this less priority than other parks?
(Ms Horton) Sheffield Council has more green space
as a city than any other city in the country, I believe. It has
got lots and lots of parks and, therefore, there is competition
for funding for parks for a start. I think a cemetery is a lot
less glamorous than a park as a place to have a development project.
For example, the Botanical Gardens in Sheffield, also a historic
park, and only a few minutes walk from the General Cemetery in
Sheffield, has just received considerable sums of Heritage Lottery
funding for its restoration. People use that for recreation much
more than the cemetery, it has to be said, it is in a pretty wealthy
part of Sheffield, while the cemetery sits in what is an extremely
deprived part of Sheffield I should say. Not in contradiction
to what Dr Hussein said but as a supplement to it, I do think
there is still a slightly embarrassed view about death. If I say
"this is what I do", for example, people do tend to
look at you in astonishment, "are you morbid? Have you got
a morbid interest in death?" There is still sometimes a slightly
jokey response to the work that you do, but I also think that
it is regarded as a problem, it is a problem zone, so let us keep
off it, let us stick with the parks which are easier to manage
and easier to come up with ideas about putting cafes in them and
it is less troublesome because if you start putting cafes in an
open area of a cemetery you are going to have relatives on your
back. I think the attitude has been "let us leave it alone".
82. Have any proposals been suggested for developing
the site as a heritage site?
(Ms Horton) Yes. The context is that in 1978, as did
happen in other parts of the country, the cemetery was closed
by Act of Parliament. It was closed for burial, which meant no
further commercial use could be made of it from those quarters,
and the council proceeded to demolish half the cemetery, they
bulldozed half the cemetery. So half of the historic fabric of
the cemetery has now gone. Thank goodness the area that was kept
was the more historic area, if you like, the original cemetery
which was opened in 1836. That means we have got half of the cemetery
which is effectively a green space and it is a park that is used
by footballers and dog walkers principally, and joggers. The other
half is a historic site which is used by people for walking around,
historic interests and so on. As far as putting forward plans
for its restoration, we as a group are the people leading that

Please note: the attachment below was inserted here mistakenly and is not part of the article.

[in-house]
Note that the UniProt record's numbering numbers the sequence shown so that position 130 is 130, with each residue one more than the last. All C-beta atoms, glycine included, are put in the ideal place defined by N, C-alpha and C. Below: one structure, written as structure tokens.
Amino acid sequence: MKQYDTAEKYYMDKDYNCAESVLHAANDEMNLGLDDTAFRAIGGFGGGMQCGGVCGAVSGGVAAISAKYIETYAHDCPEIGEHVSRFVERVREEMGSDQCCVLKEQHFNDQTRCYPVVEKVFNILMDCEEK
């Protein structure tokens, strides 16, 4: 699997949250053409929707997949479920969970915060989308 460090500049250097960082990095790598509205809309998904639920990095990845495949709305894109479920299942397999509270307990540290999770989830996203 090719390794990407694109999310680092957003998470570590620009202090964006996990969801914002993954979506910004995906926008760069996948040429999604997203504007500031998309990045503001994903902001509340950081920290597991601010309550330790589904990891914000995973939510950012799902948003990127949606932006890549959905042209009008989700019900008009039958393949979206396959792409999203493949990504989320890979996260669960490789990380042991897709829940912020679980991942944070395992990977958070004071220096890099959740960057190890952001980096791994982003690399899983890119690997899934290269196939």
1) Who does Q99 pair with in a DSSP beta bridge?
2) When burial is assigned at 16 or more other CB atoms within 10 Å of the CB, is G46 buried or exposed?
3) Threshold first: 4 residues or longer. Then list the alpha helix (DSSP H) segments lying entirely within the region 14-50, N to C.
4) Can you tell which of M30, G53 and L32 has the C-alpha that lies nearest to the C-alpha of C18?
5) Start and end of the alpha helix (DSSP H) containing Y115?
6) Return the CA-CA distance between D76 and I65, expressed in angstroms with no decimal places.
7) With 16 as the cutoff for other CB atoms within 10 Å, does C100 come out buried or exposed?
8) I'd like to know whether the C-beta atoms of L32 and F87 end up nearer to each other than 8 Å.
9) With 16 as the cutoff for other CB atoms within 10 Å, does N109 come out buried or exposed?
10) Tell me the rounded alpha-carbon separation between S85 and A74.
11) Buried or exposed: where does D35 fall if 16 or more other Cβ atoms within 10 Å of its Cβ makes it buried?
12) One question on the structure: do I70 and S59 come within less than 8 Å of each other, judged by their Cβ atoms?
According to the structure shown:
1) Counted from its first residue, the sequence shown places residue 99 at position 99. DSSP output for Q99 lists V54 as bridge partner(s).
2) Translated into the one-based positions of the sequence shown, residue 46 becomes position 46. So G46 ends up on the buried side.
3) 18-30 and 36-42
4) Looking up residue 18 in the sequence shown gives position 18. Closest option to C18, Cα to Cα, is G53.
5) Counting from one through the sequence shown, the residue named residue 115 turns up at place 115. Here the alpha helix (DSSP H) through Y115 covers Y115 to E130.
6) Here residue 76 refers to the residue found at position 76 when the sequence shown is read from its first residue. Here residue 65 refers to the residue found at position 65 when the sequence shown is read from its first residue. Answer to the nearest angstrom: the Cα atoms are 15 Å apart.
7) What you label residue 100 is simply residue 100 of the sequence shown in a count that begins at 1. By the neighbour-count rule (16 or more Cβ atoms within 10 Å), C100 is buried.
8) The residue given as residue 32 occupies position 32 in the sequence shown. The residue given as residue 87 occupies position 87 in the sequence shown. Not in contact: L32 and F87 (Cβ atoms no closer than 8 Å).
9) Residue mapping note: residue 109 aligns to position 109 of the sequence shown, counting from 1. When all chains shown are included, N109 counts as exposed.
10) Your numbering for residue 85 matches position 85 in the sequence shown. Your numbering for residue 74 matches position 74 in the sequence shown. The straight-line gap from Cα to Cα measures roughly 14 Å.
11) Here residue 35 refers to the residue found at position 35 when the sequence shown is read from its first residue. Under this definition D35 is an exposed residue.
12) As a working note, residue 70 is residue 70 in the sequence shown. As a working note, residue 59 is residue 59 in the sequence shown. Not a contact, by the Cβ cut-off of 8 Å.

and what we are doing is submitting a bid to Heritage Lottery
Fund this week for the restoration of the gatehouse which will
have a warden in one side of it, which we will get funding for,
and on the other side an office for the Friends which will mean
there will be a security presence on the site, there will be a
focus for our group which will mean there will be a focus for
our educational activities, our volunteer workers and all the
activities that happen on the site. That is the first stage of
the project. We plan to move on to other buildings on the site
if and when that is successful and hopefully develop those buildings
too. An adjunct to that is that we hope to open a memorial garden
to get some revenue back into the site. That will not be for burying
ashes because we have had lengthy debates with lawyers about whether
or not we are able to bury ashes on the site and it has been decided
by Sheffield City Council that we may not bury ashes on the site
because it was closed by Act of Parliament for burial. Consequently,
we can scatter and we can put memorial plaques up but that gives
us particular issues because it is a historic site and we do not
want to put plaques on the site, so we are putting them in a building.
That will give us some kind of revenue stream. We will also be
hoping to get revenue streams through taking, for example, the
mowing contract from the council to bring us in revenue for the
site as a group.
83. Who are the other partners and supporters
in your proposal?
(Ms Horton) It is the Friends of the General Cemetery's
proposal, but with support from Sheffield City Council.
84. Where else in Sheffield is there the same
sort of co-operation? Are there any other groups similar to yours?
(Ms Horton) Yes. I do not know what it is like in
other parts of the country but there are lots of Friends of Parks
groups: there is a Friends of the Botanical Gardens, there is
Friends of Meersbrook Park, for example.
85. Friends of other cemeteries?
(Ms Horton) Yes. There is a National Federation of
Cemetery Friends which has, I am not sure how many members but
there is a lady behind me who would know. Twenty-five members.
The Friends groups are very varied in terms of their success,
if you like, and in terms of their activities. Some of them have
been highly successful, like, for example, Abney Park Cemetery
in London, Stoke Newington, they have an extremely successful
project going, as do Nunhead Cemetery, York Cemetery Trust, for
example, they are very successful groups, some of them with no
support from City Councils, others with limited support.
86. Within Sheffield itself are there any other
groups similar to yours that are looking after cemeteries? Is
Sheffield trying to adopt this as a way forward?
(Ms Horton) I think the Bereavement Services' manager